Get chocolate, sugar out of school milk


Thirty years ago, kids drank twice as much milk as they did soda. That ratio has reversed.

To keep the udders flowing, the milk industrial complex is fighting sugar with sugar.

It is turning milk into a soft drink, commonly known as "flavored milk.''

There is chocolate milk, strawberry milk, vanilla milk and even root beer milk. I'm sure there that one day there will be Mountain Dew milk.

Seventy percent of milk served in school cafeterias is flavored milk.

Four teaspoons of sugar helps the calcium go down.

We have come a long way from the rare treat of two heaping teaspoons of Nestle's Quik in a glass of milk.

And so the Food Nazis have assembled. After booting Big Soda from most school cafeterias, they are taking on Big Dairy. And they have gained support from some members of the state Board of Education.

A hearing on the matter is scheduled for December. If they ban flavored milk in Florida, we would join school officials in Washington D.C., and Boulder, Colo.

The dairy industry wants to nip this revolt in the bud given that flavored milk has become a big cash cow. It began advertising campaign called "Raise your hand for chocolate milk.''

Many school officials and some parents are doing just that. They are tired of wrangling with kids about what they will and will not eat, and sugar has become an acceptable bribe.

Is this a bad thing?

A carton of flavored milk contributes about 70 empty, teeth-rotting calories to a meal. If a kid eats breakfast and lunch at school, that is 136 calories.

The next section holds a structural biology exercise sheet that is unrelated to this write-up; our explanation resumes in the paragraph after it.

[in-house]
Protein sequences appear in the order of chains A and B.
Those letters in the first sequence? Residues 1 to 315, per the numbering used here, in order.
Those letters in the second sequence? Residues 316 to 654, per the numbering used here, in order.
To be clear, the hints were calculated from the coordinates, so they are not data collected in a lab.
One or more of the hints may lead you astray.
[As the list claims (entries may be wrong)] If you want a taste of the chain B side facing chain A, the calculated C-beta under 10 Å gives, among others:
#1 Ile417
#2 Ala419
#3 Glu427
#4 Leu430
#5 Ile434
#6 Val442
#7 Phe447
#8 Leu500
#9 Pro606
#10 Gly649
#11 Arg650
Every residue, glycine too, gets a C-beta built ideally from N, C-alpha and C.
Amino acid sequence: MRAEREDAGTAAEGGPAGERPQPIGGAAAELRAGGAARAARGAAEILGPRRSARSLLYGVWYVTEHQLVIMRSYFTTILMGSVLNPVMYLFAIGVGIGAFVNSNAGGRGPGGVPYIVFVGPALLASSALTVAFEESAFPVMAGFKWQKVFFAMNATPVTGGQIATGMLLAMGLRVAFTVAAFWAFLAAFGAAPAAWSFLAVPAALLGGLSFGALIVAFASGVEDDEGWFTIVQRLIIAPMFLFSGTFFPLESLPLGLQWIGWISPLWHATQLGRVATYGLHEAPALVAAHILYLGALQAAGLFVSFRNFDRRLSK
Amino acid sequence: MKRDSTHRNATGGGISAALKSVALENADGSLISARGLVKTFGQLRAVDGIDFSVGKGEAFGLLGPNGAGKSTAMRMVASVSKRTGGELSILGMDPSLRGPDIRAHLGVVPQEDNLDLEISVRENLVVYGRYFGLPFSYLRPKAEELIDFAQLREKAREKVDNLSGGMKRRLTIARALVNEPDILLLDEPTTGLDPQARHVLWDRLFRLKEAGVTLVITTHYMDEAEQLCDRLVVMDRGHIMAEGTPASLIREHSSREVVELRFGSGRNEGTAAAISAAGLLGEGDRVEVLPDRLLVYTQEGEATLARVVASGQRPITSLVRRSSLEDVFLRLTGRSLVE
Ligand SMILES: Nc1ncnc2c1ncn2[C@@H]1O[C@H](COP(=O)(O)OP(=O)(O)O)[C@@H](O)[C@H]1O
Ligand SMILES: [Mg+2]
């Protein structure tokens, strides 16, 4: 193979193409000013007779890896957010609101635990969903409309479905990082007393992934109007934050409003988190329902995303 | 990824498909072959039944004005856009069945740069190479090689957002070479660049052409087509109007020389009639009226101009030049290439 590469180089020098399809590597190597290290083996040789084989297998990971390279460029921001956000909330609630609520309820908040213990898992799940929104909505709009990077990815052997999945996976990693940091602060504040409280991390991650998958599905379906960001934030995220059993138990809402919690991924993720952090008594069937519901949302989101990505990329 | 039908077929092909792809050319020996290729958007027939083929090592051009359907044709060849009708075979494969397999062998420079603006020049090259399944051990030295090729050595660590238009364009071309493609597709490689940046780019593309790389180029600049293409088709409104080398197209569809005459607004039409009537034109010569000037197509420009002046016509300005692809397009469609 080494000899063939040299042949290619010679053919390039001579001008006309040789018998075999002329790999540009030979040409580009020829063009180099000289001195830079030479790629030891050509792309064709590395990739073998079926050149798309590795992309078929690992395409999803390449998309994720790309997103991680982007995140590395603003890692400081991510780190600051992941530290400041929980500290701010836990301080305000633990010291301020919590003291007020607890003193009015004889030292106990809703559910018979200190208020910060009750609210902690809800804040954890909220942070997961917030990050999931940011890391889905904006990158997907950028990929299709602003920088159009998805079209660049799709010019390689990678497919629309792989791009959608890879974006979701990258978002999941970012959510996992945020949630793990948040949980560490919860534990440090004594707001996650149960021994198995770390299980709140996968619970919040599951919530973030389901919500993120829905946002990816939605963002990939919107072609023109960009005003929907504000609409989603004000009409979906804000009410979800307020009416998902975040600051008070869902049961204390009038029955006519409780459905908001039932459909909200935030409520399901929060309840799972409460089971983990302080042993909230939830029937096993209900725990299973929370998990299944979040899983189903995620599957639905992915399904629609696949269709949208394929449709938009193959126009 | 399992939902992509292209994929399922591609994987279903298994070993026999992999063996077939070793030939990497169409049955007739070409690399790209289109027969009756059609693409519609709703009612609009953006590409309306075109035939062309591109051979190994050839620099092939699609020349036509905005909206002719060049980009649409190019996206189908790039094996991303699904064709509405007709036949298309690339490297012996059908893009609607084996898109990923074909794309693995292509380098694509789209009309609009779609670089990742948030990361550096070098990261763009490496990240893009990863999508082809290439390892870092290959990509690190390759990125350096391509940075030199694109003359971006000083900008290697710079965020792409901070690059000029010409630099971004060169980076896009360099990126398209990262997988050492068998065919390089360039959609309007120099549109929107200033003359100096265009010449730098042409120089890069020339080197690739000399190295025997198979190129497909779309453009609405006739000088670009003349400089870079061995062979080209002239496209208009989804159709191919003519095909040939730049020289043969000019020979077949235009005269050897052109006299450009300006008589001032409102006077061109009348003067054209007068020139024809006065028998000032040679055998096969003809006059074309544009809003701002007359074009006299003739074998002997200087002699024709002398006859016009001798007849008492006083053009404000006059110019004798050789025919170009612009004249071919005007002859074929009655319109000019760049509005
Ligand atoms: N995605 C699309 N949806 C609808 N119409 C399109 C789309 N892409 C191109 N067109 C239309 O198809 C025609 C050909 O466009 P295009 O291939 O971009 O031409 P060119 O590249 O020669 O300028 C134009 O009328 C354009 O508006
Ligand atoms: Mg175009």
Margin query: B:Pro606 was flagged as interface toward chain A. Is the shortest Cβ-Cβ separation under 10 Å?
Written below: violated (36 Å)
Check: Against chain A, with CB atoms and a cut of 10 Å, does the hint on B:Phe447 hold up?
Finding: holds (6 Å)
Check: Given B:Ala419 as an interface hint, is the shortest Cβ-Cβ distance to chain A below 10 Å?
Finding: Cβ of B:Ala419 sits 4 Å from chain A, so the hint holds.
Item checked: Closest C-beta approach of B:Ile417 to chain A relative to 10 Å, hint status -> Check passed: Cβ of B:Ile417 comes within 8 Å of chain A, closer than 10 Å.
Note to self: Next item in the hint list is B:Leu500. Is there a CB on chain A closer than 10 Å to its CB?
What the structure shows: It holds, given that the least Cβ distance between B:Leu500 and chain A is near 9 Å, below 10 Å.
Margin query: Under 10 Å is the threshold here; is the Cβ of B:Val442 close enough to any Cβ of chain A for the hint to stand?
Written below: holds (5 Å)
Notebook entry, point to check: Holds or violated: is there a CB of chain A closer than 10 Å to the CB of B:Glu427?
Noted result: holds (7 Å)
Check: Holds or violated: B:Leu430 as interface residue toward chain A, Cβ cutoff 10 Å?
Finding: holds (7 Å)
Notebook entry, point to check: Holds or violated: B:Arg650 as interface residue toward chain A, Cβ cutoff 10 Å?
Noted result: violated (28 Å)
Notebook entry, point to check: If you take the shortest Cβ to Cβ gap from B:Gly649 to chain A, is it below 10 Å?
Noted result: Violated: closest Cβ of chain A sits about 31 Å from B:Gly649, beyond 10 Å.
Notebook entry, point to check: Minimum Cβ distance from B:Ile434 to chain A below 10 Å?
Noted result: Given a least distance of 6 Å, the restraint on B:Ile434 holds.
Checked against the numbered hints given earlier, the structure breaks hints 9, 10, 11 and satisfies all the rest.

The tradeoff is calcium, protein, magnesium, phosphorus, vitamin D and so on. The dairy lobby says milk consumption drops about 35 percent in schools where flavored milk is removed.

And for many kids, particularly the ones from poor households, school is where they get most of their dairy foods. The American Academy of Pediatrics has reported that 70 percent of kids don't get their recommended calcium.

The argument against flavored milk goes like this: Where does this end? Do we add caffeine and carbonation next?

We have turned yogurt into Go-Gurt and shredded wheat into sugar-frosted shredded wheat. We call a breakfast cereal in which three of the first four ingredients are sugar, corn syrup and honey part of a "nutrient-dense'' balanced diet. And we do it because it's less hassle than trying to get kids to eat right. We are lazy, parental bums.

Try this experiment. Measure out three-quarters cup of sugar. Pour it into a bowl, put a spoon in it, give it to your kid and say, "Eat up."

That is the average amount of sugar consumed by the average teenager, says the American Heart Association.

It's just spread out in everything they eat all day long, hiding the sheer volume. The amount of sugar kids eat adds up to more than a pound in additional calories a week.

One in three kids now is considered overweight and almost 20 percent are outright obese. As fat as adults are now, the next generation is going to look like the spaceship passengers in Pixar's "WALL-E."

Can you imagine the percent of the gross domestic product that will be devoted to health care?

Flavored milk brings the insanity full circle. We have to give these sugar junkies even more sugar for their own good. We have so thoroughly distorted and destroyed their sense of taste that we fear they will refuse to drink something as naturally delicious as a cold glass of milk unless we turn it into liquid ice cream.

I think this is propaganda by an industry competing for market share, and school officials wanting to keep the cafeteria food line moving as effortlessly as possible.

Flavored milk is not a solution. It is surrender.

Over time, the kids will adapt to a little less sugar in their lives, and maybe that will spread. I certainly don't recall anyone refusing to drink their milk when I went to school.

Mike Thomas can be reached at 407-420-5525 or

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